William Bridges, author of Transitions: Making Sense of Life’s Changes, differentiates between change and transition.
Change is an external event.
These are all external events.
Transition is what takes place inside the person. It’s an inner reorientation, a self-redefinition that you have to go through in order to incorporate a change into your life. Bridges describes transition as a natural process of disorientation and reorientation.
Transition can begin long before the change happens. My husband and I thought about and prepared for a move to the U.K. for a full year before we actually moved. The transition continued after the change occurred; it took half a year before we began to feel settled in the U.K.
Some of these are anticipated. For example, there are ones that will occur in the lifespan of most individuals: graduating from high school, getting married, starting a job. Others are ones that you make happen, such as our move to the U.K. With an anticipated change, the transition begins before, sometimes very long before, the change occurs.
Some of these changes are unanticipated. They are not expected, such as the death of a family member, being laid off from your job, or an unexpected inheritance. In the case of an unanticipated change, the transition does not begin until the change happens.
Keeping in mind that transition is what occurs inside the individual, what are some transitions you have experienced in your life?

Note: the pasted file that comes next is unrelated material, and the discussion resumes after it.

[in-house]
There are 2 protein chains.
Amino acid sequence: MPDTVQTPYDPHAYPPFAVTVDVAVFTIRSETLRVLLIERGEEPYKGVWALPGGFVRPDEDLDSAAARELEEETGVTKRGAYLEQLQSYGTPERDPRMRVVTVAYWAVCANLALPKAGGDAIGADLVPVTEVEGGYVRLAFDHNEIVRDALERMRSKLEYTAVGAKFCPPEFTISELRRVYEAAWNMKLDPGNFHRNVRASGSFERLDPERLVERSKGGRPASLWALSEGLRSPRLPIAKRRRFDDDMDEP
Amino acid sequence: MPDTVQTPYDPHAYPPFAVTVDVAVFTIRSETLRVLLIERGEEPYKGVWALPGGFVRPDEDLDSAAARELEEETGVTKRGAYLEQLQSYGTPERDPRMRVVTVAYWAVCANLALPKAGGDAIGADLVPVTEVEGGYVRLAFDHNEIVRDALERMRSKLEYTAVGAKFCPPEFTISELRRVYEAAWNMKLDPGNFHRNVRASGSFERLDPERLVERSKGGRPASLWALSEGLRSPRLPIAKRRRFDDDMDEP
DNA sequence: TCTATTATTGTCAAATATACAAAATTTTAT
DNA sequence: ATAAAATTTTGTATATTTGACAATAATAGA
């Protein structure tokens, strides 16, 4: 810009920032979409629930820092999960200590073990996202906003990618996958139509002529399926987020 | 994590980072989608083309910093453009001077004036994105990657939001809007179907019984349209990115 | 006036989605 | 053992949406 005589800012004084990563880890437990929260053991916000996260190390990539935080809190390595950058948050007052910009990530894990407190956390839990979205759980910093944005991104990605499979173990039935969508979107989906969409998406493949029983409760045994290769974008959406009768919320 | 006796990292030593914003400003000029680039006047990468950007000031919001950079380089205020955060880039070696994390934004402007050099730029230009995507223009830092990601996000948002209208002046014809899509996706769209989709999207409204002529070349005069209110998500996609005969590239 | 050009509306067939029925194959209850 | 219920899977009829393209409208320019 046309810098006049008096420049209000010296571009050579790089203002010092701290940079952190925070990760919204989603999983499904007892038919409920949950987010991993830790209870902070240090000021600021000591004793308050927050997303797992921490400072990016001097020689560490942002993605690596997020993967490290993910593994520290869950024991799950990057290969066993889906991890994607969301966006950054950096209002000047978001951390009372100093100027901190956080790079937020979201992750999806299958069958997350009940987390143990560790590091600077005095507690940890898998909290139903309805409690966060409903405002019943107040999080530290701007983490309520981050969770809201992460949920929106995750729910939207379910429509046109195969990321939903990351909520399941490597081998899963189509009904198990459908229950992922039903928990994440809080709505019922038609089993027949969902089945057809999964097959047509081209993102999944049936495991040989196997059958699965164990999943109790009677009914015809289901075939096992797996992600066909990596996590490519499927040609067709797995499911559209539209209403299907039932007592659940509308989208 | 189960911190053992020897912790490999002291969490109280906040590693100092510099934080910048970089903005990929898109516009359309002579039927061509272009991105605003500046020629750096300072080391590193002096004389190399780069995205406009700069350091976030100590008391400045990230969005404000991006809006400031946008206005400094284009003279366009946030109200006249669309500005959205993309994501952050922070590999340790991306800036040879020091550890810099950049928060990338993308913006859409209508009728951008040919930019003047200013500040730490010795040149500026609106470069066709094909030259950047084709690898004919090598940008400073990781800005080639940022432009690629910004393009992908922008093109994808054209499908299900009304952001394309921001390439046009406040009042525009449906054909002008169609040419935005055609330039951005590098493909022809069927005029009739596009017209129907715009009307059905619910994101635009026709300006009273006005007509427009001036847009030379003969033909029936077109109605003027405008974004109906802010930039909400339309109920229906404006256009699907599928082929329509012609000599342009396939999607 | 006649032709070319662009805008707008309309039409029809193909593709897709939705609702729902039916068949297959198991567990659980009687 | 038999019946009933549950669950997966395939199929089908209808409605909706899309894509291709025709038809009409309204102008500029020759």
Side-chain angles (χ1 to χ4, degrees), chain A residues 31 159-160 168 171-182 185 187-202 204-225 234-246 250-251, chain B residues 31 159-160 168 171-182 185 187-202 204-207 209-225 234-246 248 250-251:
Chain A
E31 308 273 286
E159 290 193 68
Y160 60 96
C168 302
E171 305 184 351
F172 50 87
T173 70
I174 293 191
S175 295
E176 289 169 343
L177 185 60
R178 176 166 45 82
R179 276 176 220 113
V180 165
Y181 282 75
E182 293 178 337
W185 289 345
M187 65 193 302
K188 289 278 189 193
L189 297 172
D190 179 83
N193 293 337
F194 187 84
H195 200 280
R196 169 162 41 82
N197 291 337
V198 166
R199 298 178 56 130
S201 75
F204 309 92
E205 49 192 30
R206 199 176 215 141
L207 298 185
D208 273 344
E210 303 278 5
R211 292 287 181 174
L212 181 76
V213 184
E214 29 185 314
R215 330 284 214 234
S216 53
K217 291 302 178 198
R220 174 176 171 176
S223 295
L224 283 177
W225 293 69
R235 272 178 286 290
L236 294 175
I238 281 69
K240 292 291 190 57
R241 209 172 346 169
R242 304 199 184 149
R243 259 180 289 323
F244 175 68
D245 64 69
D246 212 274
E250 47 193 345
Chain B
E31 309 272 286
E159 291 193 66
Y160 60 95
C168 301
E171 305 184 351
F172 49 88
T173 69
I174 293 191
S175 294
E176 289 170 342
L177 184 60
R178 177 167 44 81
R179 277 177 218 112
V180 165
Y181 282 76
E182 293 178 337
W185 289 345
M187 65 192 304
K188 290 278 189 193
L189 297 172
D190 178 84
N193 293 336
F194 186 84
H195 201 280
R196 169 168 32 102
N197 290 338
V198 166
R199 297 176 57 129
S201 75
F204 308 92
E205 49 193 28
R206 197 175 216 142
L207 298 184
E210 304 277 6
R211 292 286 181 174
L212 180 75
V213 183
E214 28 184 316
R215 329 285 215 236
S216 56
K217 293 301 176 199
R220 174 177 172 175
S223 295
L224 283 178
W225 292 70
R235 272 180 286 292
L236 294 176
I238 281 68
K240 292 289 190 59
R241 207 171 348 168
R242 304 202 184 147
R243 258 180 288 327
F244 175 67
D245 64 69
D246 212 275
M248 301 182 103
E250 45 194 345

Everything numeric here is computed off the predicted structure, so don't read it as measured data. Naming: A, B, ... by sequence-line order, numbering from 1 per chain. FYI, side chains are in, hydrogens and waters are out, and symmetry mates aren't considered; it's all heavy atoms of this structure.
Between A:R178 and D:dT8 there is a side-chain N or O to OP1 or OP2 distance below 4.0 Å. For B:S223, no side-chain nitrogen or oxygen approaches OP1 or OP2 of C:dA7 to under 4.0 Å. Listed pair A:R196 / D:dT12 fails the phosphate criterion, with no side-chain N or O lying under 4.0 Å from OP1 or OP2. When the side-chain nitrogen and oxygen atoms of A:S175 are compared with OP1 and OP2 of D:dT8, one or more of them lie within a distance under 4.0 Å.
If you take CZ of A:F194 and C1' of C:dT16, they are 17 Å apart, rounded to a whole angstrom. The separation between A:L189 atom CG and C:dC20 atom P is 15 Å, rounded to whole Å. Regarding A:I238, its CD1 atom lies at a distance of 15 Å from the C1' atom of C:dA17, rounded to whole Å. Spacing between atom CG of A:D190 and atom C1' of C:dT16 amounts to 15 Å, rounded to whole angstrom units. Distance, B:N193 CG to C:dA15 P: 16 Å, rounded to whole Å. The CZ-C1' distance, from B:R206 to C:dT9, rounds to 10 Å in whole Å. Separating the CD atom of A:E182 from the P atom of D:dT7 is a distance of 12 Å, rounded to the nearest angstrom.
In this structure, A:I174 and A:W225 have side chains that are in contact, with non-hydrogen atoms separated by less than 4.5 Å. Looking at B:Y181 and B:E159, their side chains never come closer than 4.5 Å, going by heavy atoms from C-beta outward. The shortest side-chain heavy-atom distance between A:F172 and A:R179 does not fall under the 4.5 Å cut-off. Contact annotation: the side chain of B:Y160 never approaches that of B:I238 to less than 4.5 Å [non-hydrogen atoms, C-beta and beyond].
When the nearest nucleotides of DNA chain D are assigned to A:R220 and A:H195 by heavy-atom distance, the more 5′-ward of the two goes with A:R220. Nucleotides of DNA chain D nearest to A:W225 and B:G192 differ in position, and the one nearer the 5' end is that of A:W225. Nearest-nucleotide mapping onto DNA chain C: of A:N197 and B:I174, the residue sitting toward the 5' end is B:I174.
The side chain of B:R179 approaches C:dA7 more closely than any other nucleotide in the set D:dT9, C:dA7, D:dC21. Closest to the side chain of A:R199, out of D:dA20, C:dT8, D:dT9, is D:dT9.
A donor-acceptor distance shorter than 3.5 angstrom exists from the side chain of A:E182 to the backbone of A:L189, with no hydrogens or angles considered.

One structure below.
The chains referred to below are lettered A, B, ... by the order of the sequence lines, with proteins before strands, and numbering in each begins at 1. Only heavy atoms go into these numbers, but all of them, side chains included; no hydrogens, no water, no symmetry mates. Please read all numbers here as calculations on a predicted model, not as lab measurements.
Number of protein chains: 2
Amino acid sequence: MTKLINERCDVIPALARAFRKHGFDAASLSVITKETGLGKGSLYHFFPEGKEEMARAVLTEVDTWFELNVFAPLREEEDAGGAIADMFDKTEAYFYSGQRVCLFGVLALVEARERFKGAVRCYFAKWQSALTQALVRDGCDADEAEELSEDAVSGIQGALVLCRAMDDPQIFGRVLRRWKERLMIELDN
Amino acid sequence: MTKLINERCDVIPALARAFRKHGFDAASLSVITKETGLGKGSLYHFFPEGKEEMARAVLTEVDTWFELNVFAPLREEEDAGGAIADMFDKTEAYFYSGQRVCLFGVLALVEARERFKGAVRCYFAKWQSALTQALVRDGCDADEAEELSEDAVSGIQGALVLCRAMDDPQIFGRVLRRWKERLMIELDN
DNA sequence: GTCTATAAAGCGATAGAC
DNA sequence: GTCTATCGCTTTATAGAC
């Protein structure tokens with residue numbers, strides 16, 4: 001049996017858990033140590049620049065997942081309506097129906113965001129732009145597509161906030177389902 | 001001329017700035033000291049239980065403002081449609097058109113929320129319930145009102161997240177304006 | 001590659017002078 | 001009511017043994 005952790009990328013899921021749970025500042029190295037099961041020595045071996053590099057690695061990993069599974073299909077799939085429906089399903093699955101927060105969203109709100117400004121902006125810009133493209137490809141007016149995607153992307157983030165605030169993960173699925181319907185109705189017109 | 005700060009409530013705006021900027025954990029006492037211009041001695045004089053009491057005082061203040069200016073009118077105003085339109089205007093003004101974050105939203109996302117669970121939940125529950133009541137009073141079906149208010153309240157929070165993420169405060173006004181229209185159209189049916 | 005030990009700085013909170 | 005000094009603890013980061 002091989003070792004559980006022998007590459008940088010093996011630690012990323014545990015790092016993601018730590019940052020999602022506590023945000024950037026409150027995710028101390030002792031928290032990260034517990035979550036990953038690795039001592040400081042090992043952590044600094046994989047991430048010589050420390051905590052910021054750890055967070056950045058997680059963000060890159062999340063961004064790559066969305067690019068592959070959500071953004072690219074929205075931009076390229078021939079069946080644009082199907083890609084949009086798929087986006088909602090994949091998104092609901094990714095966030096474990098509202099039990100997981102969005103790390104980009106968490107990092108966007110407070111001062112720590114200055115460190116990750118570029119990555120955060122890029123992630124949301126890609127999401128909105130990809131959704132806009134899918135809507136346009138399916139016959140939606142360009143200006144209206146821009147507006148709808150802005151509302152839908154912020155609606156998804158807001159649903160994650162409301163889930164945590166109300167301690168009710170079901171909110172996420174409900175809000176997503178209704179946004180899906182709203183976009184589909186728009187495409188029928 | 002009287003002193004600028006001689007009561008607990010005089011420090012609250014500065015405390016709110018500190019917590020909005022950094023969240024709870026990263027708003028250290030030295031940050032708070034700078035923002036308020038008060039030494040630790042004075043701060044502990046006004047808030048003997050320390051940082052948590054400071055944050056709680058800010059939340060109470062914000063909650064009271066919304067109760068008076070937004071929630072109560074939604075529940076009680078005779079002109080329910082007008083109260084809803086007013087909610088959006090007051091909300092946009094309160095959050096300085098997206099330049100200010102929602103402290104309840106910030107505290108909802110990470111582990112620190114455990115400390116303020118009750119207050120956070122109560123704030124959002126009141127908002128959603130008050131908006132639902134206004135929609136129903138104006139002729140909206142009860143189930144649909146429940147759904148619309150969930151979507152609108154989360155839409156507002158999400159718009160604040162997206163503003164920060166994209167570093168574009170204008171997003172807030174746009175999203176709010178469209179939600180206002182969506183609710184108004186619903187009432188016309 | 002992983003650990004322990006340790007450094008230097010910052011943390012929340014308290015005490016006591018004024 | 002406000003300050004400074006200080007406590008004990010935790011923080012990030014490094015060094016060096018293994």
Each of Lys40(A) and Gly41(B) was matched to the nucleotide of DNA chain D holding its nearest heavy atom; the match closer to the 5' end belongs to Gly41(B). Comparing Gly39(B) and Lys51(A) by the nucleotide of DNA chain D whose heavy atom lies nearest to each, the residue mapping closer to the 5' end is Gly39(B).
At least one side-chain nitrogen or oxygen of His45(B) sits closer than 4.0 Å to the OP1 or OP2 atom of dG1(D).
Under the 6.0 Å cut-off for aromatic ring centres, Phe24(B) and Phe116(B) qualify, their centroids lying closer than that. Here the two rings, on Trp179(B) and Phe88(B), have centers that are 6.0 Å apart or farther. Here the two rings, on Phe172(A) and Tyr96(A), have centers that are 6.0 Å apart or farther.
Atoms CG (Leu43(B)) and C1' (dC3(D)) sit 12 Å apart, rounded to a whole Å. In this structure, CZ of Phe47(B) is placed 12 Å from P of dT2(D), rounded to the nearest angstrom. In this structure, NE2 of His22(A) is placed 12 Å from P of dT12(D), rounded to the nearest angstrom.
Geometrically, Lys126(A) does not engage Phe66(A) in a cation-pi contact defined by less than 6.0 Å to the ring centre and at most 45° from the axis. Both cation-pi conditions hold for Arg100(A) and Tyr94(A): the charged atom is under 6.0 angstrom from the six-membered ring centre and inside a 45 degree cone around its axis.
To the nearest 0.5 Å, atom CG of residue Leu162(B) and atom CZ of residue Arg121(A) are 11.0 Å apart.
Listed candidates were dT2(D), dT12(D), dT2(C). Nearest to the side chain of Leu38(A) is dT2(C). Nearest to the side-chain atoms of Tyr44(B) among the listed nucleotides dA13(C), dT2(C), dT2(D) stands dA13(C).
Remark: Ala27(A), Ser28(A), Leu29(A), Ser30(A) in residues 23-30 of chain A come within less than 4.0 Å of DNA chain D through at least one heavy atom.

The inner unrest that may be part of the initial phase of a transition can also be tied to a nonevent, something and individual wishes to happen that never occurs, such as an expected promotion that never materializes. A chronic hassle, such as a long commute, unreasonable supervisor, or a high workload, can also lead to dissatisfaction that precipitates an inner transition long before there is an external change.
Another way to classify transitions is as voluntary (something you choose) or involuntary (something imposed on you).
An unanticipated and involuntary change often creates a crisis for the individual and their social context (family, friends, colleagues, community, etc.).
Having defined change and transition, Bridges goes on to describe the three aspects of transition: endings, neutral zone, and beginnings.
Every transition begins with Endings. We have to let go of the old situation before we can pick up the new one. It’s important to name the losses. In the case of job loss, there are many losses.
Accepting the reality of the loss is the difficult work here. Initially the loss may be denied or minimized. Then it may be intellectually processed. The emotional recognition and acceptance of the loss is the most difficult to achieve, and involves a full recognition that job, and all its losses, will not return in the same way. It is often helpful to write down the losses and/or discuss them with a trusted friend or professional.
What is time to let go of in your life right now? It may be …
The Neutral Zone feels anything but neutral. It’s that confusing nowhere of being in-between. Many people experience it as a kind of emptiness, in which the old reality looks transparent and nothing feels solid anymore. This is where the inner reorientation takes place. It’s also the place of greatest creativity and potential because nothing is solidified. We may begin to test out some options, explore some new avenues, or develop new skills.
We launch forth into Beginnings when we have let go of the old situation, opened ourselves up to new possibilities in the neutral zone, and moved to creating the new situation.